The chief prosecutor of the International Criminal Court said Thursday that his office is investigating reports that at least 87 people were found in a mass grave in Sudan’s West Darfur state.
“If this oft-repeated phrase of ‘never again’ is to mean anything, it must mean something here and now for the people of Darfur that have lived with this uncertainty and pain and scars of conflict for two decades,” Prosecutor Karim Khan told the U.N. Security Council.
In 2005, the council referred the situation in Sudan’s Darfur region to the Hague-based tribunal. An investigation was opened into the reported crimes of genocide, crimes against humanity and war crimes. Several individuals have been indicted by the court, including former Sudanese President Omar al-Bashir, who was ousted from power in 2019. The ICC has issued two arrest warrants for al-Bashir on charges including genocide and war crimes, but he is still at large.
Khan said the ICC has ongoing authority to investigate crimes committed in Darfur and is looking at violence committed there since fighting erupted on April 15 between the Sudanese army and the paramilitary Rapid Security Forces. There have been numerous reports of violence against civilians, especially in the West Darfur capital of El Geneina.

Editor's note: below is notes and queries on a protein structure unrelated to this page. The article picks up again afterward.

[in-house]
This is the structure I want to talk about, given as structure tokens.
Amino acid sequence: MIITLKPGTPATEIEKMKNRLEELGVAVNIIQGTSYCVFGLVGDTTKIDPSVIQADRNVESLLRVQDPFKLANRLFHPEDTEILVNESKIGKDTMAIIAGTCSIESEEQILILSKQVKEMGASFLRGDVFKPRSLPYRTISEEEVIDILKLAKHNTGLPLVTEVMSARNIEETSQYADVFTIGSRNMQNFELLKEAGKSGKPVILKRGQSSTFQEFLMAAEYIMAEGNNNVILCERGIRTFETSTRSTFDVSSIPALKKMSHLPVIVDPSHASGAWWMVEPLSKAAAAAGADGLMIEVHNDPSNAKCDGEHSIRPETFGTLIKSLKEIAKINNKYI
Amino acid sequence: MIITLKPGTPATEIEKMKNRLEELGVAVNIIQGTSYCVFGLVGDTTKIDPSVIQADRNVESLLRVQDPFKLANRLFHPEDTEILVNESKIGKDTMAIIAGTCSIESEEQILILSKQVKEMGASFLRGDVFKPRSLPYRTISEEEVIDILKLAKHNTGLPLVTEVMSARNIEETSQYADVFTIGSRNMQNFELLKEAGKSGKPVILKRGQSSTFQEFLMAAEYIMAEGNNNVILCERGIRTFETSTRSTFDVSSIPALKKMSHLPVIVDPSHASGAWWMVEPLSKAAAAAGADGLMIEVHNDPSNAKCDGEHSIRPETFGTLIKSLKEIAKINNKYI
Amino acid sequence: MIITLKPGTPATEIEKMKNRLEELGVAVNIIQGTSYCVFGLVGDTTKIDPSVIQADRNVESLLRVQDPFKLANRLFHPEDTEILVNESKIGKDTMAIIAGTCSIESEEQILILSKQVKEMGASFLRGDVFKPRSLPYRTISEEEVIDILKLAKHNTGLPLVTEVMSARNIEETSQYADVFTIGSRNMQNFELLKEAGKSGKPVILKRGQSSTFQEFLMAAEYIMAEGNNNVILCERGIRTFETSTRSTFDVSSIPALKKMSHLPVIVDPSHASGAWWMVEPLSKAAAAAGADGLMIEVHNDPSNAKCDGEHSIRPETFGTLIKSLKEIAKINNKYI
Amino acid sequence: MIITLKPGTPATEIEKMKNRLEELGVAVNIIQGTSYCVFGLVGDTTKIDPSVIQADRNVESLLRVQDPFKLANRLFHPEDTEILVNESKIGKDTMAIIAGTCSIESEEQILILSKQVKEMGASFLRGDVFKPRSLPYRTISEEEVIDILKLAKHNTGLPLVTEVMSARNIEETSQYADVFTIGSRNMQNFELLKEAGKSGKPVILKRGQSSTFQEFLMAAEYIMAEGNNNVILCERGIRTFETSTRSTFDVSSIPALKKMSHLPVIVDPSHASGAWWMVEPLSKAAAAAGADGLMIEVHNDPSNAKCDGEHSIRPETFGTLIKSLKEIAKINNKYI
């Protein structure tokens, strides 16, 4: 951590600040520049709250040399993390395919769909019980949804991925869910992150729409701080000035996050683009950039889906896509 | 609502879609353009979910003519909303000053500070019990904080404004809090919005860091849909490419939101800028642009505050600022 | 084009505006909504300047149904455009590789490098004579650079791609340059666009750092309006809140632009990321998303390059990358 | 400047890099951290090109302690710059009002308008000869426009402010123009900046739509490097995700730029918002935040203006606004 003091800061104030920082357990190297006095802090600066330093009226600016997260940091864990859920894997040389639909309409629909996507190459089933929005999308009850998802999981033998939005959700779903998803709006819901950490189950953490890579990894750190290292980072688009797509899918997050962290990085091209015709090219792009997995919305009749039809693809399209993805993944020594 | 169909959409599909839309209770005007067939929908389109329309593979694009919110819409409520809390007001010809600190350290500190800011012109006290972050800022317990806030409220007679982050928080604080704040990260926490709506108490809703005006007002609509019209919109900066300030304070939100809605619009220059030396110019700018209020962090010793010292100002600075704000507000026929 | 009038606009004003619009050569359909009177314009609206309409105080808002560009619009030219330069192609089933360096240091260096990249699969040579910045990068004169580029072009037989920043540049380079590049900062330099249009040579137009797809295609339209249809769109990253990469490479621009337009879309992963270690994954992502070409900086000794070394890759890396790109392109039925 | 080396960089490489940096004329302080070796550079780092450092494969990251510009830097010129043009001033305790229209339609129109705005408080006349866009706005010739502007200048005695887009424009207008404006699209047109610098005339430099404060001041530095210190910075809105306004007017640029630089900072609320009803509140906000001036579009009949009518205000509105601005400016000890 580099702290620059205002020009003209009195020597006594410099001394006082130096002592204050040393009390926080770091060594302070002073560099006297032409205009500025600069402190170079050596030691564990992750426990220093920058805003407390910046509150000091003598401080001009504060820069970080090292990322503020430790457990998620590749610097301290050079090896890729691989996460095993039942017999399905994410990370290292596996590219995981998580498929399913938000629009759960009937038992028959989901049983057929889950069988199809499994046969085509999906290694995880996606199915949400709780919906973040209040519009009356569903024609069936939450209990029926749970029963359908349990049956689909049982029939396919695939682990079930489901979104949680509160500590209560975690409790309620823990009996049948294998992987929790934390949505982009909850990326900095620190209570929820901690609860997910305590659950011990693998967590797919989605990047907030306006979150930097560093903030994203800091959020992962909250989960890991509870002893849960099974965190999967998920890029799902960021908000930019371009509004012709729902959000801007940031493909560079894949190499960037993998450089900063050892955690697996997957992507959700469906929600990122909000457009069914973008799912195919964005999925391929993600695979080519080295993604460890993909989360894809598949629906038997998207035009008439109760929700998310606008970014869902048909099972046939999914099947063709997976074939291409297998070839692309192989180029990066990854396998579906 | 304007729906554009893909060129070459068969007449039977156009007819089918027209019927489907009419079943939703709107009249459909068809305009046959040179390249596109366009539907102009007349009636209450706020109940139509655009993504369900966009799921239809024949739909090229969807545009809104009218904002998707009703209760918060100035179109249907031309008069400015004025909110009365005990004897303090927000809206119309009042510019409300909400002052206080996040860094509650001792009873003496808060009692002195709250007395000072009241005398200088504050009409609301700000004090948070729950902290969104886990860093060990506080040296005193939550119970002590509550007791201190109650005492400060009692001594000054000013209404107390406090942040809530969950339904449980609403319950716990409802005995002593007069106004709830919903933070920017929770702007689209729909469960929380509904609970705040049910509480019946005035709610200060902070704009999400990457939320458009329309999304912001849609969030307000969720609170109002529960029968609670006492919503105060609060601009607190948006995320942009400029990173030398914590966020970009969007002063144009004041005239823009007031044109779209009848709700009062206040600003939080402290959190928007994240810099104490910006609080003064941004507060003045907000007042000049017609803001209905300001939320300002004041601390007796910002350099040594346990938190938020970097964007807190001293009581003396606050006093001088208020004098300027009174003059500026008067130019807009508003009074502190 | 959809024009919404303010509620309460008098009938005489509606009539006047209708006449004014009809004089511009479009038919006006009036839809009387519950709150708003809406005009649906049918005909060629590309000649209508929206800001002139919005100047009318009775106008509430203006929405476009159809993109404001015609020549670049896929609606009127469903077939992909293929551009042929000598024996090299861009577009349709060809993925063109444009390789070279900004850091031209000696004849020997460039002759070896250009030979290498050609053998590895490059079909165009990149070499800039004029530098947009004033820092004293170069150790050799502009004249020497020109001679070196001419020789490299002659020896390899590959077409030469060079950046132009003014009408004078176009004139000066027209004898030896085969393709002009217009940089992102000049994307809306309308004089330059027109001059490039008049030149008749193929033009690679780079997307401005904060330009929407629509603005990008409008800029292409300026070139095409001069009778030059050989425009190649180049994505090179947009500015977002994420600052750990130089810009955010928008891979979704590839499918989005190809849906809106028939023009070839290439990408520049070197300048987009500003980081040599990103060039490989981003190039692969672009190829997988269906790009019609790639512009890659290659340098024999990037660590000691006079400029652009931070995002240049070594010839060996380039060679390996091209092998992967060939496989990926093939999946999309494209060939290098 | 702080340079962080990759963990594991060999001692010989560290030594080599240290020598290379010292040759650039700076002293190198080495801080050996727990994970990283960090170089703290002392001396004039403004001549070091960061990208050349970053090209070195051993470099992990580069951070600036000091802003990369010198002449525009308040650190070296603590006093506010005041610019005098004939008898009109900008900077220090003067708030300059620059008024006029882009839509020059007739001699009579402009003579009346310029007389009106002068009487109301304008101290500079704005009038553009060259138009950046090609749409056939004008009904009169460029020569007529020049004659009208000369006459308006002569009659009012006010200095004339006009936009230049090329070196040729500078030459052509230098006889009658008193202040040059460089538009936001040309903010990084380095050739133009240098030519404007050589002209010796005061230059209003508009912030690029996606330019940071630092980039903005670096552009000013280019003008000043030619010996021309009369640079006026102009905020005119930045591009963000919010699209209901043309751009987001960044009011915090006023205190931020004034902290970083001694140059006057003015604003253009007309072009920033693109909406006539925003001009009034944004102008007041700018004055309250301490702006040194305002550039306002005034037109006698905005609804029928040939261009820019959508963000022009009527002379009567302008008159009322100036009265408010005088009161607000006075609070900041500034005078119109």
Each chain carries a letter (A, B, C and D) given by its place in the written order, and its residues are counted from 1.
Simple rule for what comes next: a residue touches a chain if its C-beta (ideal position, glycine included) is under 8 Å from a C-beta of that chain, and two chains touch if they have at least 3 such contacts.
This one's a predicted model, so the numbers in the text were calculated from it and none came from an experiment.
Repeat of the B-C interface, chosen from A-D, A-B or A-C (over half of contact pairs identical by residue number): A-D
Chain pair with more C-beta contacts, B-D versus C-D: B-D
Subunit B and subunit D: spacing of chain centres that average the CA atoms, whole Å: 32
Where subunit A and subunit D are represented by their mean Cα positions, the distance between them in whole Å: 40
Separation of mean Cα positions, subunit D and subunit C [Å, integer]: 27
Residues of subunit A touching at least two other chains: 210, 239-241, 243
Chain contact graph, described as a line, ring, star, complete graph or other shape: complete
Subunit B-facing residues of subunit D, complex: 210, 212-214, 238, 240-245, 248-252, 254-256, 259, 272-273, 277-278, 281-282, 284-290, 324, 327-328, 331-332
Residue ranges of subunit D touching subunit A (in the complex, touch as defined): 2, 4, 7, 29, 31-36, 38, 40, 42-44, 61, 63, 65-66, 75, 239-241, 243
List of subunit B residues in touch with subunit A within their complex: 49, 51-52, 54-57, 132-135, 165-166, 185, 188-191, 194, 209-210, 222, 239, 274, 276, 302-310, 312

“The investigations that we are looking at encompass also many allegations in West Darfur — looting, extrajudicial killings, burning of homes. And also allegations in North Darfur,” he said.
The U.N. human rights office said earlier Thursday that the dead were found outside El Geneina and included members of the Masalit ethnic group. The bodies of seven women and seven children were among those found in the grave. Local residents said they were forced to bury the bodies June 20-21.
The U.N. said there was credible evidence that Sudan's Rapid Support Forces and an allied militia were responsible.
U.N. High Commissioner for Human Rights Volker Turk condemned the killings and called for a “prompt, thorough and independent investigation.”
In an interview Thursday with VOA at the White House, officials said they were "deeply troubled" by the report.
"This is completely unacceptable, and the United States will be obviously taking this up with our allies and partners and with the U.N.," said John Kirby, director of strategic communications for the National Security Council.
"But we condemn it. It's completely horrendous and unacceptable, and the Rapid Support Forces, they need to be held to account for this."
Paris Huang, White House correspondent for VOA's Mandarin Service, contributed to this report.